I headed up to the Des Moines Airport (officially "international" is sandwiched between "Moines" and "Airport," but that seems a little affected) yesterday to have lunch with my cousin, Gordon (left), an engineer who had flown in from Fort Worth to consult with airport officials about one of their air traffic control issues. This involves on-the-ground inspection of devices out along the runways, preferably on a dry day --- and Monday wasn't. It rained buckets again, so I'm not sure how the mission worked out.
But we had a great visit, a good lunch (at Skip's, north up Fleur Drive) and it was more than worth the short drive into the big and dangerous city, a drive that's a lot simpler than it used to be.
South Iowans have always had an airport advantage because Des Moines "International" is located on the south side and a lot of money, concrete and former wildlife habitat have been invested during the last few years in making our approach even more of a breeze. Just turn left onto the southern bypass north of Indianola, then right a couple of minutes later onto Fleur Drive and in another minute or so you're there. I haven't had to drive west on Army Post Road (the old approach) for so long I've forgotten what it looks like.
And I like the Des Moines Airport, mostly because it's compact and convenient. It's possible to say to someone on the phone, "yea, I'll meet you in the terminal" and then actually be able to find each other without further details --- providing you know what the other guy looks like or have pre-arranged to wear red carnations.
Black clouds were rolling in as I turned onto the bypass, big drops of rain were falling and the wind was coming up headed north on Fleur and I'd just managed to grab my parking ticket and drive under the sheltering roof of the ramp when the sky opened. But up a level to the skywalk then down onto the main floor of the terminal --- and there was Gordon. We repeated the high-and-dry process before driving away to lunch. Who could have asked for more? There's a lot to be said for sensible scale.
The Indianola Walmart was another matter, however. Now I'm neither a friend nor an enemy of Walmart --- I just don't shop there very often. But I'd been ordered to find a specific type of planter not available in Chariton and wanted to look myself for a variety of ink cartridge not available here either. So I stopped.
Walmart has changed within the last few years, and that's a little unnerving. It seems to me there's a lot less merchandise than there used to be --- and what's there is more widely spread. Since fewer people were around on a Monday afternoon, too, it was kind of lonely and a little spooky --- as if a going-out-of-business sale were in the offing or the Rapture had actually come a couple of weeks ago, but only WalMart shoppers had been swept up to heaven.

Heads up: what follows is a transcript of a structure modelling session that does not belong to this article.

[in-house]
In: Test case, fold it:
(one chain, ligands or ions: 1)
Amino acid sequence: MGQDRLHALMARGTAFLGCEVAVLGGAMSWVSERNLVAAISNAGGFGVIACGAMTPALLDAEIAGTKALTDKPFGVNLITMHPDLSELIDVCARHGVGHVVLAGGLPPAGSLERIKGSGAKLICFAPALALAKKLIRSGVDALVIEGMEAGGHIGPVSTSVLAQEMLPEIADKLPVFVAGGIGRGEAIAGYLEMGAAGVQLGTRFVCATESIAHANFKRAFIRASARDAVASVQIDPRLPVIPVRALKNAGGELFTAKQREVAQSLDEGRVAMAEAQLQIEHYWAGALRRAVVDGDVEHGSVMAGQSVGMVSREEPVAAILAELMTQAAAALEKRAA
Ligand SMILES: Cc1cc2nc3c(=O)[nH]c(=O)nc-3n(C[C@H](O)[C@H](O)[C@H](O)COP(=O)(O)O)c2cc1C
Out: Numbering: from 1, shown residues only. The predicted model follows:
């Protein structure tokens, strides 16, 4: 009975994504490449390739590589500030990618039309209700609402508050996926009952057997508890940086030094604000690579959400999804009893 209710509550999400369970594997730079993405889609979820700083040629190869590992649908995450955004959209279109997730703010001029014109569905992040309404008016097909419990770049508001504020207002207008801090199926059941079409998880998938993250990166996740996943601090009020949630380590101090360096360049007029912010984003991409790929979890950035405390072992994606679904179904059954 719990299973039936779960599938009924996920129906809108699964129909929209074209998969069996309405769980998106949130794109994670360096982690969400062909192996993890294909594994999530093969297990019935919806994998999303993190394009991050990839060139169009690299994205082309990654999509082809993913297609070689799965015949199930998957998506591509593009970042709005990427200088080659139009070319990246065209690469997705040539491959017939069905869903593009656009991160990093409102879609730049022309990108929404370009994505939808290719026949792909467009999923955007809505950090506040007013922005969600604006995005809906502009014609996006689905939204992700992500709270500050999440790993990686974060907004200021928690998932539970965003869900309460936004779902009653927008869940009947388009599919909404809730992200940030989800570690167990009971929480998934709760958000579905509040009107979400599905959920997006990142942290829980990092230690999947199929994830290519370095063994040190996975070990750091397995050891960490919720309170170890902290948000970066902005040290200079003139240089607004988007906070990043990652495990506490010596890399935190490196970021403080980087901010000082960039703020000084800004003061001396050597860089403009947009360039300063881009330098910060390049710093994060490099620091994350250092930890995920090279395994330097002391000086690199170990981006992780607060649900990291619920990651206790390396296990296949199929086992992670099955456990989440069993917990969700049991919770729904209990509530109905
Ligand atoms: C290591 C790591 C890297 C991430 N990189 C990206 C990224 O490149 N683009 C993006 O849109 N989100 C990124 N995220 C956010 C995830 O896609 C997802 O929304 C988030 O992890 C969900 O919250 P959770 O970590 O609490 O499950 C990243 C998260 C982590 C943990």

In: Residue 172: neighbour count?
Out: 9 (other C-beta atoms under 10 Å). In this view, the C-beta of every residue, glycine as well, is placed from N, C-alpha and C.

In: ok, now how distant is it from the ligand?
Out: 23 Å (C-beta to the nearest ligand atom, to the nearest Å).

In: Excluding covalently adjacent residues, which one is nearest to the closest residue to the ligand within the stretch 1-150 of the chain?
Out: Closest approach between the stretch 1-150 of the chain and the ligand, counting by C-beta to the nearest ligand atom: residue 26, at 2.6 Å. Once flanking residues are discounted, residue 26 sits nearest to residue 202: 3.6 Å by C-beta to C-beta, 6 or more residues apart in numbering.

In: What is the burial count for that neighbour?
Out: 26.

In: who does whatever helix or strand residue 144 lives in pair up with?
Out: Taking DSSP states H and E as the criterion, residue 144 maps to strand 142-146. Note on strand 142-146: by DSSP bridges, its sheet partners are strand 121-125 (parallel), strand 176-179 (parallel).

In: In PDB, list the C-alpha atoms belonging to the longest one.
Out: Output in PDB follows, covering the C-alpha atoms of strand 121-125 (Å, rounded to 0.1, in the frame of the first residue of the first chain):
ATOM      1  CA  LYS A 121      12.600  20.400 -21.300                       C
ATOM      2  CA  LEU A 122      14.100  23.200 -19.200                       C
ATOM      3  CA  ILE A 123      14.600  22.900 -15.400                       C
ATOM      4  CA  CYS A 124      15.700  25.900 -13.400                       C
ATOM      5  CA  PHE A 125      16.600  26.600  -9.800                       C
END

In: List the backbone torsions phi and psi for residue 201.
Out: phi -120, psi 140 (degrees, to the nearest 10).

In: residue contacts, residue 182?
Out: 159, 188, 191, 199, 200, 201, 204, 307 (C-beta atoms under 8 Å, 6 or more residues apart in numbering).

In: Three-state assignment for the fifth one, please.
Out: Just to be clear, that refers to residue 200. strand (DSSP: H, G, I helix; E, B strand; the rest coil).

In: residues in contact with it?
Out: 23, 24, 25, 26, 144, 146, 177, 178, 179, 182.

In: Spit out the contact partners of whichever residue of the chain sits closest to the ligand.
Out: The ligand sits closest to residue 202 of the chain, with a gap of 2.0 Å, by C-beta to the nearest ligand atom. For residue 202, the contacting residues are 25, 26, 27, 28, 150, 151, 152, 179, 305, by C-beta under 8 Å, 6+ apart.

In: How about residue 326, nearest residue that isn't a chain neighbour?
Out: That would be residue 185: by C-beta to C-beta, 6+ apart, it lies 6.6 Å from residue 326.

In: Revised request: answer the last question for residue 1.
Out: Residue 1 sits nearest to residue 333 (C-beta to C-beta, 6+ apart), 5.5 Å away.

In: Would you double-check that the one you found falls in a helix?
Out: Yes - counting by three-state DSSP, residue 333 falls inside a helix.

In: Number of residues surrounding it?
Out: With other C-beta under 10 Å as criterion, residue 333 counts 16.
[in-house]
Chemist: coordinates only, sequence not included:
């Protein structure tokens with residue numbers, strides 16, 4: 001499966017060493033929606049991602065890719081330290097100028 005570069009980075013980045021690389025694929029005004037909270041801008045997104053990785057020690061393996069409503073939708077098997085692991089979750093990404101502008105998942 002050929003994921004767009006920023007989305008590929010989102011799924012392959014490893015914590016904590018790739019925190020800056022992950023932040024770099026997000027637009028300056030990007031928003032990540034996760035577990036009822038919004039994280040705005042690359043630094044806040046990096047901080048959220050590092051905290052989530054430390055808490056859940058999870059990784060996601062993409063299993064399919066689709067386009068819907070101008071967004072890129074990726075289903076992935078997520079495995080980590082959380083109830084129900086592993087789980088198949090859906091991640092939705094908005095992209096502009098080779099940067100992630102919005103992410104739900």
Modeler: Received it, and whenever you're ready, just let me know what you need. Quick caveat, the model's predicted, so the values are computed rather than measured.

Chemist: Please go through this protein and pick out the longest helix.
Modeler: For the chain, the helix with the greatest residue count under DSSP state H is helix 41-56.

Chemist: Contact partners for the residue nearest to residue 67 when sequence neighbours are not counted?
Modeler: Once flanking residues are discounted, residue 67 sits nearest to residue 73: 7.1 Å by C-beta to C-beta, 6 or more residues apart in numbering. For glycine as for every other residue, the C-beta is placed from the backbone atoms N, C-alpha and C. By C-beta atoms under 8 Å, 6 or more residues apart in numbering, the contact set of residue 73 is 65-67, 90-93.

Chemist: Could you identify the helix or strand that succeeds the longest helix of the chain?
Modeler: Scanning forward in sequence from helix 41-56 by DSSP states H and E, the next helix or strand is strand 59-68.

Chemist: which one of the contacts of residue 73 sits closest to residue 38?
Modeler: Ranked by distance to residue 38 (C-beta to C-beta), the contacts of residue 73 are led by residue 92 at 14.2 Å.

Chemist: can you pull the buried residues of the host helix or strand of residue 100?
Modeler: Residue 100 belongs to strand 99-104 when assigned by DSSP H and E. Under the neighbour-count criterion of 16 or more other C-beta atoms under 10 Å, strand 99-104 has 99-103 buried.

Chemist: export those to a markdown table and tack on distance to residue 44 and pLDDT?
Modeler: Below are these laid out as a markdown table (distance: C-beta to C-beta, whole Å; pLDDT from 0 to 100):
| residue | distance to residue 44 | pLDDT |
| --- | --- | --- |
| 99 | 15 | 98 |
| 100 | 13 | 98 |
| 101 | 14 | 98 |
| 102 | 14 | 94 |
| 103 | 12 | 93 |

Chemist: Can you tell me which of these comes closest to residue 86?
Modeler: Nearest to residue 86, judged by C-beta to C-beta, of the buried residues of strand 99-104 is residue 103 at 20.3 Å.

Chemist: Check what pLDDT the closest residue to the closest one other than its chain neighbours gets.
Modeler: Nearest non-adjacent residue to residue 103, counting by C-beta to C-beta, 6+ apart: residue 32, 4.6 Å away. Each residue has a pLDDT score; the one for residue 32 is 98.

Office supplies had moved within the last year, I found after arriving in what I thought was the right place and finding several aisles of scrapbooking supplies (does it really take that much stuff to make a scrapbook?). A helpful associate pointed me to the other end of the building, where office supplies now were located. They had a gazillion varieties of "BIC," but none of the alternate variety of cartridge --- just a cartridge, not a pen --- that I wanted.
Since I was in the neighborhood, took a sidetrip into the DVDs thinking I might find something cheap to take home and watch. Nothing.
Then to the garden center. Nothing that even resembled the type of planter that I'd been ordered to find.
So I came on home --- to the land of angle parking.
It is written somewhere in the Bible that mankind is intended to park at an angle, in a space so spacious that once you've driven into it you're able to exit the vehicle without inhaling, holding your breath and squeezing out a cracked door sideways. There are plenty of those parking spaces available in Chariton --- and in the Walmart parking lot, too, for that matter.
But in Des Moines, including the Airport ramp, where engineers have carefully considered the economies of scale, parking spaces are narrower and the lines zealously aligned at 90 degrees. It usually takes me a couple of tries and a little backing and rearranging to center the truck perfectly between the lines in that narrower space. I resent it.
Back home in Chariton, I pulled into a generous angled space in the HyVee parking lot and relaxed. Home safe from the big city again and parked the way God intended.